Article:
Did you know that combining information with a melody not only helps a child remember facts, but research indicates that it builds roads between the two hemispheres of the brain—across the corpus callosum—enhancing brain function?
These Family Home Evening lesson ideas add music to the information most important for our children to learn—the doctrines of the gospel.
1. FHE can be a time to ponder the beautiful truths held within the church hymns and to practice singing hymns less familiar to some family members.
*Choose a hymn. Perhaps ask your ward chorister which ones are planned for the upcoming Sunday.
*Read and discuss one or more verses. Have children create accompanying actions.
*Sing the hymn.
*Create a matching game with the hymn’s rhyming words. When a match is made, offer an extra point if someone can recite or sing by memory the entire rhyming lines. For example:
“‘Tis sweet to sing the matchless love
Of Him who left his home above[.]”
*Encourage children and youth to fully participate in Sacrament meeting by singing, rather than merely sitting quietly.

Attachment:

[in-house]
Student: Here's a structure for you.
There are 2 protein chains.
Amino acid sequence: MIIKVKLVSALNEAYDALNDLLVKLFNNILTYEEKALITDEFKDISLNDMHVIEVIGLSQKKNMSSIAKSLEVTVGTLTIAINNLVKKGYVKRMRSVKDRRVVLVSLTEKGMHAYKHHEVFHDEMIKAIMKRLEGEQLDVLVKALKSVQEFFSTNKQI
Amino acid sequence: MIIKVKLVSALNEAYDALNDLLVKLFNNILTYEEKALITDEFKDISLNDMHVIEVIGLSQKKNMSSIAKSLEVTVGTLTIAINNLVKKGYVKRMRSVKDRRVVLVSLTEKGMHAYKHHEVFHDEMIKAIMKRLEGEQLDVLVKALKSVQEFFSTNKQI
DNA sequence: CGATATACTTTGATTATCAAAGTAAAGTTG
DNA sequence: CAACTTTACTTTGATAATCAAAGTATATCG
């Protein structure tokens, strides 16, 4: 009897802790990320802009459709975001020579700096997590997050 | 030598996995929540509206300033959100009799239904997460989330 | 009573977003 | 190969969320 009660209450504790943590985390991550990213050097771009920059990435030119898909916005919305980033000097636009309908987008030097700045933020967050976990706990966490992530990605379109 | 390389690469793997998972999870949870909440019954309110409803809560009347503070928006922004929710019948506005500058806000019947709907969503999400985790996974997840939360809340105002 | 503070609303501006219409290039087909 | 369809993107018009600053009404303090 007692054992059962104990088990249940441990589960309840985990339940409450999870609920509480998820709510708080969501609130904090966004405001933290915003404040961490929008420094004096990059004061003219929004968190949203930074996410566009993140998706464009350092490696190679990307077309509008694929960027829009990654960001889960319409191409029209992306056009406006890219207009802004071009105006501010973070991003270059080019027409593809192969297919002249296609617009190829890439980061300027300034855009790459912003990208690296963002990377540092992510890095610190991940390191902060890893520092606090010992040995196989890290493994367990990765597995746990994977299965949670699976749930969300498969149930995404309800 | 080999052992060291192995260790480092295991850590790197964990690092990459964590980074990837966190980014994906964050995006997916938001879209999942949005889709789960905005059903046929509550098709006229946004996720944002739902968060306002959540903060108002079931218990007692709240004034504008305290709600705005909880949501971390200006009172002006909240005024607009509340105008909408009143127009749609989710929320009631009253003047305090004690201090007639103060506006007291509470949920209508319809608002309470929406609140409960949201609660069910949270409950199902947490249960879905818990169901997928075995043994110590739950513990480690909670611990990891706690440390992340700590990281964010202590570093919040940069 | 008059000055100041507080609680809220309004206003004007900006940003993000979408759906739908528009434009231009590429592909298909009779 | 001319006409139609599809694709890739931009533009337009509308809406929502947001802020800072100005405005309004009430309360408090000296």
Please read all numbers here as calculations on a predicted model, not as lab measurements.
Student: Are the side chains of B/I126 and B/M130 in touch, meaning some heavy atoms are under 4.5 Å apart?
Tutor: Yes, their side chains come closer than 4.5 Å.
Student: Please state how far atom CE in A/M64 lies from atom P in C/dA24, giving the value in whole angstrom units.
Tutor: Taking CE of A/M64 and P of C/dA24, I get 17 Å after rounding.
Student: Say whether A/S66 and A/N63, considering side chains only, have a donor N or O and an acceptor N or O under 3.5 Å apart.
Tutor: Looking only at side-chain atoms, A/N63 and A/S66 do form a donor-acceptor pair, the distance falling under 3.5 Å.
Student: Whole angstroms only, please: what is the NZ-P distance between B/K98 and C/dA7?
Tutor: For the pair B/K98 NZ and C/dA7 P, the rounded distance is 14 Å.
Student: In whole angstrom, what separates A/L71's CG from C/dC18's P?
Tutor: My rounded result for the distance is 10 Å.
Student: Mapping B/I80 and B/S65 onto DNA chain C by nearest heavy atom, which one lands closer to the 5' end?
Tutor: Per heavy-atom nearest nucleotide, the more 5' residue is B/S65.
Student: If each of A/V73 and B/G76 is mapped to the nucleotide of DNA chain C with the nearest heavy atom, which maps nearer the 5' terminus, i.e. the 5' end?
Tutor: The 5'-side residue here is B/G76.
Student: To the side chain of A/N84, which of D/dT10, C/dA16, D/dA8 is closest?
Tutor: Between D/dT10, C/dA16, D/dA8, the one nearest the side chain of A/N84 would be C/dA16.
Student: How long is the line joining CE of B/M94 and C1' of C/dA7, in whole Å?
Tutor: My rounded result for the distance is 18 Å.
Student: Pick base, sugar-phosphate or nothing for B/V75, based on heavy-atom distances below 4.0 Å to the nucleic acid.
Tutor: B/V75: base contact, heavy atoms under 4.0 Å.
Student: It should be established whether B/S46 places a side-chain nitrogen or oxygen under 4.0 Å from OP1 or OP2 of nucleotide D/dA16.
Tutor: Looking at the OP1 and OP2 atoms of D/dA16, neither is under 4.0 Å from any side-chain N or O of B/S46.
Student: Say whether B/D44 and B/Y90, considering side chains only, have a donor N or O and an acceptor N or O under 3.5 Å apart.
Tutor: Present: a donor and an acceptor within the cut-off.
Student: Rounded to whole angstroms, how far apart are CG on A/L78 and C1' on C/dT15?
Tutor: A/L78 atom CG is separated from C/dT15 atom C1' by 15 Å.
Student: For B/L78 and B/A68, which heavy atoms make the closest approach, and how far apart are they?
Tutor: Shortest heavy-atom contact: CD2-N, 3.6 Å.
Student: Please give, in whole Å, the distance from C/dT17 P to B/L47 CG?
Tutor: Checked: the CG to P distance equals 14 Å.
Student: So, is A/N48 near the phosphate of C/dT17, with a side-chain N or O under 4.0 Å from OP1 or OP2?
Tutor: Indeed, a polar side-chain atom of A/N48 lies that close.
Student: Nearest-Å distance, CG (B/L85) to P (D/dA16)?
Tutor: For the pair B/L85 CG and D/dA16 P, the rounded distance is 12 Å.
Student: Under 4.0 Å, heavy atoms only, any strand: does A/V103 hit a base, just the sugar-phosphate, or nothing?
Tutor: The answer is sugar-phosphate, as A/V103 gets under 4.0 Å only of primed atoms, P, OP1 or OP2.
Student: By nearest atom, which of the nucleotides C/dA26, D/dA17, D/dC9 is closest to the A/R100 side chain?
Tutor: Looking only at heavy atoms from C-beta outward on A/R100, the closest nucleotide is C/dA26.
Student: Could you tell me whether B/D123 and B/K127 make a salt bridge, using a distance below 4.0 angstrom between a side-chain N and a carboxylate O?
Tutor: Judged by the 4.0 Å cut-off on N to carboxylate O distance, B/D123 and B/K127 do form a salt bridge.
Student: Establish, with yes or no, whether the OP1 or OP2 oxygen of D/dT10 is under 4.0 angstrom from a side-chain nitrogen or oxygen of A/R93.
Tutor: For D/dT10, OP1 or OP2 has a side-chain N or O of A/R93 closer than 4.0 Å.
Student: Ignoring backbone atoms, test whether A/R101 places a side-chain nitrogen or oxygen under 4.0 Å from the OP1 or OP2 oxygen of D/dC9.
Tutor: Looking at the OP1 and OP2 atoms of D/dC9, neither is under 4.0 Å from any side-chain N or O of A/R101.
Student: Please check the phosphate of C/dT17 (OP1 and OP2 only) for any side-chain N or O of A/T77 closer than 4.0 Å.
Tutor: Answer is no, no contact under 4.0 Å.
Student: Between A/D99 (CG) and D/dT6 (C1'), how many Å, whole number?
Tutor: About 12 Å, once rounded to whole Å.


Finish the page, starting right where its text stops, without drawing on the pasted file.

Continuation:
2. Partner music and religious text with service. Stop by the home of someone who could use a pick-me-up and sing a hymn. Who says caroling need only occur at Christmastime? The good news of the gospel of Jesus Christ is always newsworthy and noteworthy.
3. For families who’d like a rewarding challenge and have at least one member with some knowledge of music theory and musical instrument ability, compose a melody together, using all or part of a favorite verse of scripture for text to sing with it.
*Composing with the pitch choices of C major may be easiest, but remember the possibility of other scales (harmonic minor, pentatonic, etc.)! Display the chosen scale and scripture for everyone to easily see.
*Draw your staff, clef sign, key signature (or wait until the first random pitch choices determine the key) and time signature on a magnetic white board.
*Take turns placing a note on the staff. (Use half notes, quarter notes, etc., that you have cut out to fit the size of your staff, or draw notes with an erasable marker.) Keep eighth/sixteenth notes single while composing.
*Add barlines as needed.
*Check the sound of the melody occasionally on an instrument. Vote on proposed changes.
*Sing your composition!
*Bonus: Add harmony or rhythmic accompaniment!
Build testimonies and brain power as you fill your home with music.
Story by Robin Finlinson, The Arizona Beehive